The ’90s have been trending in fashion for years, but it finally looks like Y2K fashion is making a comeback.

There’s that Juicy Couture thing, the trucker hat; If you’re looking, it’s there and it’s just starting to affect middle school kids.

It’s interesting to hear you talk about Y2K fashion. When I spoke with him costume designer salty burn, which is set in 2006, 2007, mentioned that the Aughties are difficult to dress up, because those fashions haven’t fully reached costume houses yet. They are still in many people’s closets, so I ended up doing a lot of shopping on RealReal and similar sites.

Completely. Betsey Johnson, Caché, Bebe! We filmed in New Jersey, so we did a lot of second-hand stuff in New Jersey; and here in New York City we have places like Crossroads [Trading] and Buffalo Bag. The thing about this movie is that kids don’t shop that way anymore. Children shop from their phones. So we did a lot of shopping on Instagram. I was shopping on Instagram all the time and now the algorithm thinks I’m a 16-year-old girl.

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JoJo Whilden

What was the hardest look to get right?

I think what the musical does really well is reframe the story from Janis and Damian’s point of view. Each character passes through his eyes. And for this movie, those new actors. [Auliʻi Cravalho and Jaquel Spivey] They are giving these characters their own life, and it was very important, because they are different from the originals. So getting the main characters (Janis, Damian, Regina, Cady, Gretchen and Karen) right was very important. We had to make Janis feel like the Janis of 2024, not the Janis of 2004.

What a challenge: making these characters immediately recognizable through the lens of how we already know them, but also creating space for new actors to bring their own twists.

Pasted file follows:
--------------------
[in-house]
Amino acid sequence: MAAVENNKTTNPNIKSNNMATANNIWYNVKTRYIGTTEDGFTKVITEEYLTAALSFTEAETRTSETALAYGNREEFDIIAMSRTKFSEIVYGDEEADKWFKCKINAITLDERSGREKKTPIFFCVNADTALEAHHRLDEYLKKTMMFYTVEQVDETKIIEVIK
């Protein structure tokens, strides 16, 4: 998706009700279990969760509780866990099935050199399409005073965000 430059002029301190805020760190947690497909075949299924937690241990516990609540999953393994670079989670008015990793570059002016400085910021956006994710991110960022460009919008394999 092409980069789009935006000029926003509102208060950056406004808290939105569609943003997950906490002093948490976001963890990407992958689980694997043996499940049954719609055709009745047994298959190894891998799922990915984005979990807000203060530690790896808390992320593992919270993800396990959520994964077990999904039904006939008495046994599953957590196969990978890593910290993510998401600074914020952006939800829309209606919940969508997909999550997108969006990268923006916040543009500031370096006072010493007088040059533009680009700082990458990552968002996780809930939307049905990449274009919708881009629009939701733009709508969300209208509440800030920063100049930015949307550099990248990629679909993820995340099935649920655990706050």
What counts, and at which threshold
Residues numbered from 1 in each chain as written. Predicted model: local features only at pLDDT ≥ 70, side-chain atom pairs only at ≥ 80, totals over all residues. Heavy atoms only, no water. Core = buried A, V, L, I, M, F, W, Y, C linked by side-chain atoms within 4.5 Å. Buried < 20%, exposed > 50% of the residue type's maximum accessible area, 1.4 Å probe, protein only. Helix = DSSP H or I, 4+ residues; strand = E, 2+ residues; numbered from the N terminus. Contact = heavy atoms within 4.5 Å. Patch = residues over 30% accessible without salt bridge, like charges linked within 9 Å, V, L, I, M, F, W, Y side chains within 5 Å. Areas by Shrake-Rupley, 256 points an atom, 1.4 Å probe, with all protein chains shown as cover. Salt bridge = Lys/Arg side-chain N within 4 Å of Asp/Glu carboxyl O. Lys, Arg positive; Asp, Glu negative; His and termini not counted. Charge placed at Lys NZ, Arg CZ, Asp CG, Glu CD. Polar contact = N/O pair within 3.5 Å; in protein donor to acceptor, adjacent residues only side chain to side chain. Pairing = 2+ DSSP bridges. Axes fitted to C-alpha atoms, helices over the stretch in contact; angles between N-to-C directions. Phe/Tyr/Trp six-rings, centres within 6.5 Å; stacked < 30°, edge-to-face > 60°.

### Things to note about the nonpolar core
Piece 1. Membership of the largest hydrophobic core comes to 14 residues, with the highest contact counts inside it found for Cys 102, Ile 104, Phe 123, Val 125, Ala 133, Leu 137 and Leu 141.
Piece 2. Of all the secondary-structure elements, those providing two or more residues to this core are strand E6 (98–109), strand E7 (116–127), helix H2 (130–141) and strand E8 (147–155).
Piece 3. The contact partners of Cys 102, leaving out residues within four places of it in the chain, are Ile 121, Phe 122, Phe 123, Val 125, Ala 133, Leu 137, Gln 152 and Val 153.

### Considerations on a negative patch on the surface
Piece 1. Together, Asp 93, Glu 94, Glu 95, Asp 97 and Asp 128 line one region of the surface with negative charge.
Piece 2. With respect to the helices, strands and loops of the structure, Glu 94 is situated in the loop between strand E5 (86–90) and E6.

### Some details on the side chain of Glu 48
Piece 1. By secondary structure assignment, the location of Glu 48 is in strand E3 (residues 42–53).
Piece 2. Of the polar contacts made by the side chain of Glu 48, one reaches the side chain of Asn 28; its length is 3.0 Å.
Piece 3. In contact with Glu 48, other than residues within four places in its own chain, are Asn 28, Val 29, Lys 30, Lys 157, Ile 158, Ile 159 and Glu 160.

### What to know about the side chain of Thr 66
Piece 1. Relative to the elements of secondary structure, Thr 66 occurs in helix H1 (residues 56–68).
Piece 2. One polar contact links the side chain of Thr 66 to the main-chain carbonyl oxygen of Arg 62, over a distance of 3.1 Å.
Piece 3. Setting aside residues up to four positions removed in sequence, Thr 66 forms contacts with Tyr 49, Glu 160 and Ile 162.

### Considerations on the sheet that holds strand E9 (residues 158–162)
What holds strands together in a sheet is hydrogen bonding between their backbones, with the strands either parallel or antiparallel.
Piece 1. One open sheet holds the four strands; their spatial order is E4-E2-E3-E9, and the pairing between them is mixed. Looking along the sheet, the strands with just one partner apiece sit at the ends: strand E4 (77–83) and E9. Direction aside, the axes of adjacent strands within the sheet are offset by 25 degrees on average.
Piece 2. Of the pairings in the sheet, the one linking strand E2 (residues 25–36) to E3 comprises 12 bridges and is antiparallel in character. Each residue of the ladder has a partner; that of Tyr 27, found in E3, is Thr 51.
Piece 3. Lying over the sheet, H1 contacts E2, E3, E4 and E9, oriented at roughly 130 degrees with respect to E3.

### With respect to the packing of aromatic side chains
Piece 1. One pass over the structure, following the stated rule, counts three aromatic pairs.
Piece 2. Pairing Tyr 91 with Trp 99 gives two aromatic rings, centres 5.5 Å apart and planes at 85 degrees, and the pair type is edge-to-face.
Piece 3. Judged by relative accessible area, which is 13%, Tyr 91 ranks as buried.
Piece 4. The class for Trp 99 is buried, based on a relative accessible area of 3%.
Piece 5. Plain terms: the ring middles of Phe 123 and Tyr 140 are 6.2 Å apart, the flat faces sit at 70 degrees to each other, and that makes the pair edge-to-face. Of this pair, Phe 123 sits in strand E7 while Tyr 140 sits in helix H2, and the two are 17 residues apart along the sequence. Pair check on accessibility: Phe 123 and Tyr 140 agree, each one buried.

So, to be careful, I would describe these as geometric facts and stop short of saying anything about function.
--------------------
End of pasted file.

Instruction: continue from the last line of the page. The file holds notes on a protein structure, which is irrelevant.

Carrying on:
Janis in particular is queer and lesbian, and there is no queer code in this film. It was very important to us to reflect her creative life as a musician and artist. She does this yarn art that becomes a central moment in the film, and that was very important to the sense of texture of her character, having those layers. High school is a complicated time: one day you put on clothes to feel like a person, then you come home and think, I’m not really that person, and the next day you put on something else and reorganize yourself in a different way. . So in the end, Janis has all these extra frills and things taken away, and we just see her in her lilac tuxedo. She no longer needs to hide behind her eclecticism. She presents herself exactly as she is and that’s really powerful.

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Jaquel Spivey as Damian and Auliʻi Cravalho as JanisJoJo Whilden

Given his experience working in Saturday night live, who is famously frenetic, I’m curious to know how you found working on a film.

Working on a movie is like, “We have as long?!” And to SNL I usually have about 12 hours. we shoot [the new Mean Girls] in 32 days, which is still very fast. But what I love about this is that there is an arc in the narrative that you can share through the clothes, while at the same time SNL, In reality, it’s just about creating a situation so that you can hear the jokes. And this movie goes from a couple of days before school starts to prom, so we get to see these really full character arcs.

Was there anything from your wardrobe department that the actors tried to steal?

I am not going to say it! But there were five people who said, “I’ll take this!” And I was like, “Okay, but if we film again, I know where to find you!” One of them was very nice and said, “I want to take some of this stuff with me because this is the first time I’ve been on a shoot where I really love my wardrobe.” Someone can feel hot in a paper bag and make it look cool, but if they wear the smallest swimsuit and are not comfortable, they will not feel or be hot. So if we can make people feel good, we will have done half our job.

This interview has been edited and condensed for clarity.